Padres manager Andy Green said Mejia has been dealing with the knee issue off and on most of the season. Following the game Friday night, it was bothering him more, Green said.
"It's never been something that was overwhelming for him, but we thought, ‘Let's take a week off here and give it some time to calm down,’" Green said. "There were probably a couple of times over the course of the season where we were trying to give him a start or two and pulled him back because of it. At this point in time, let him rest, let him recover, let him get back."
Allen is San Diego's 19th-ranked prospect, according to MLB Pipeline. The 25-year-old backstop has hit through every level of the Minors, with 22 home runs in each of the last two seasons between Class A Advanced Lake Elsinore and Double-A San Antonio. In 27 games for El Paso this season, he was hitting .279/.358/.529 with six homers.
"I've got every single emotion you can have," he said Saturday before the Padres’ 4-3 victory over the Rockies at Coors Field. "Nervous, excited, happy. It's been a long time of hard work and dedication. I'm definitely glad to be here."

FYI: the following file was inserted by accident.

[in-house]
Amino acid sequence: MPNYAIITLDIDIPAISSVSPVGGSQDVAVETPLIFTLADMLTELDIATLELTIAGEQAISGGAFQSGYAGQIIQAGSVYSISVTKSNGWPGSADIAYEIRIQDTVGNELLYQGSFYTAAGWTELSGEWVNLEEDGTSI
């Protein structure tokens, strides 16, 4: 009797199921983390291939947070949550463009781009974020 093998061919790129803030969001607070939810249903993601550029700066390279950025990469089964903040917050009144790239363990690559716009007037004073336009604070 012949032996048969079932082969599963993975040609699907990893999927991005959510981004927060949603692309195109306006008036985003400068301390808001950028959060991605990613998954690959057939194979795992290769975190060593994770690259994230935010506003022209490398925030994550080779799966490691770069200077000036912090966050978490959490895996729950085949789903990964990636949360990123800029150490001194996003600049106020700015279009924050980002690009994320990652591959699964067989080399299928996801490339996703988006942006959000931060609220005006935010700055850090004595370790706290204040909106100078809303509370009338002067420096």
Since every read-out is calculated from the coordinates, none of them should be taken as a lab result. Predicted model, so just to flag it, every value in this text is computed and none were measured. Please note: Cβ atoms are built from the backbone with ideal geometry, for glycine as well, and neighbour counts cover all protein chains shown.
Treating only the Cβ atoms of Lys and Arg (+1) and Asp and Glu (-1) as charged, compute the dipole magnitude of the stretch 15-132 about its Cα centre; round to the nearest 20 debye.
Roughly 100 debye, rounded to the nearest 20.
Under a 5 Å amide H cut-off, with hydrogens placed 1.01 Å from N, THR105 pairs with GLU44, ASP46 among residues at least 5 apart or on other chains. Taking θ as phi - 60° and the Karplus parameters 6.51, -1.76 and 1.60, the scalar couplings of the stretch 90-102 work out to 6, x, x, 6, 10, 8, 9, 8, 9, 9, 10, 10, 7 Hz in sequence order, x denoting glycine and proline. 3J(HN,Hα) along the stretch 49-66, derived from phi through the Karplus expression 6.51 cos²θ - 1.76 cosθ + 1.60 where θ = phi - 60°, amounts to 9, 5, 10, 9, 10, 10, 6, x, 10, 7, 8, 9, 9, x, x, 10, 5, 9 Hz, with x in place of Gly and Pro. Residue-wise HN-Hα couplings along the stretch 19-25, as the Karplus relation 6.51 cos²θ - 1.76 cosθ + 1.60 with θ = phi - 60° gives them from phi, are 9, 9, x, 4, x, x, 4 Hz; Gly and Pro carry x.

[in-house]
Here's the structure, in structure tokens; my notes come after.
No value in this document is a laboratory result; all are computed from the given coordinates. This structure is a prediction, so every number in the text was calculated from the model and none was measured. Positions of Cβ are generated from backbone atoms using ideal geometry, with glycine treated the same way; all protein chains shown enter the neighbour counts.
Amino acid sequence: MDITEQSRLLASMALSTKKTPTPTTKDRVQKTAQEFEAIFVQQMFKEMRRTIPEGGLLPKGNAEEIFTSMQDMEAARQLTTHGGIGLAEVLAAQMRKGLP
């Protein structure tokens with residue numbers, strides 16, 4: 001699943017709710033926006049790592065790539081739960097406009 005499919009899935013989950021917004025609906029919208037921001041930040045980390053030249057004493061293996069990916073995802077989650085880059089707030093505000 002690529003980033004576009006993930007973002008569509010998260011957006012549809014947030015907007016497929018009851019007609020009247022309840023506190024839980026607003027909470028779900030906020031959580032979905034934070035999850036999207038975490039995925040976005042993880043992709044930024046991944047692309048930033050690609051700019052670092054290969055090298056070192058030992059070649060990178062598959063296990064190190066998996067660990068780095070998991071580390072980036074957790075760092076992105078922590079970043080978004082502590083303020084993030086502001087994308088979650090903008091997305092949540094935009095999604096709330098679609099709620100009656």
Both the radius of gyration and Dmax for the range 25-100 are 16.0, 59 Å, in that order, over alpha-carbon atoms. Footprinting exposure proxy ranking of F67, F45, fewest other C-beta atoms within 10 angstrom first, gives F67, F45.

Allen made his big league debut with a pinch-hit walk off Rockies closer Wade Davis in the ninth inning. That walk loaded the bases and preceded Greg Garcia's go-ahead RBI fielder's choice ground ball.
Austin got the news that he was going to the Majors following his first at-bat Friday against Albuquerque, coincidentally, the Rockies' Triple-A affiliate.
"I came back into the dugout,” Allen said, “and Chris Stewart was putting on his leg guards and stretching out, and our manager goes, 'Hey, Austin, come here.' And I'm like, ‘I know I didn't have that good of an at-bat.’ I didn't know what was going on. He pulled me down into the tunnel and told me I was going to the big leagues."
Though Allen wasn't in the lineup Saturday, Green said he'll be starting behind the plate Sunday in the series finale. Allen said he's confident the nerves will transition into comfort in due time.
"It's just baseball," he said. "Being up here with all these guys, it's going to slow it down a little bit. And [whenever] I get out there, after the first pitch, it turns into just baseball, no matter how big the stadium is or how many people are there."
The Padres could use an offensive spark from the catcher position. San Diego catchers are hitting .170/.236/.296 with four homers.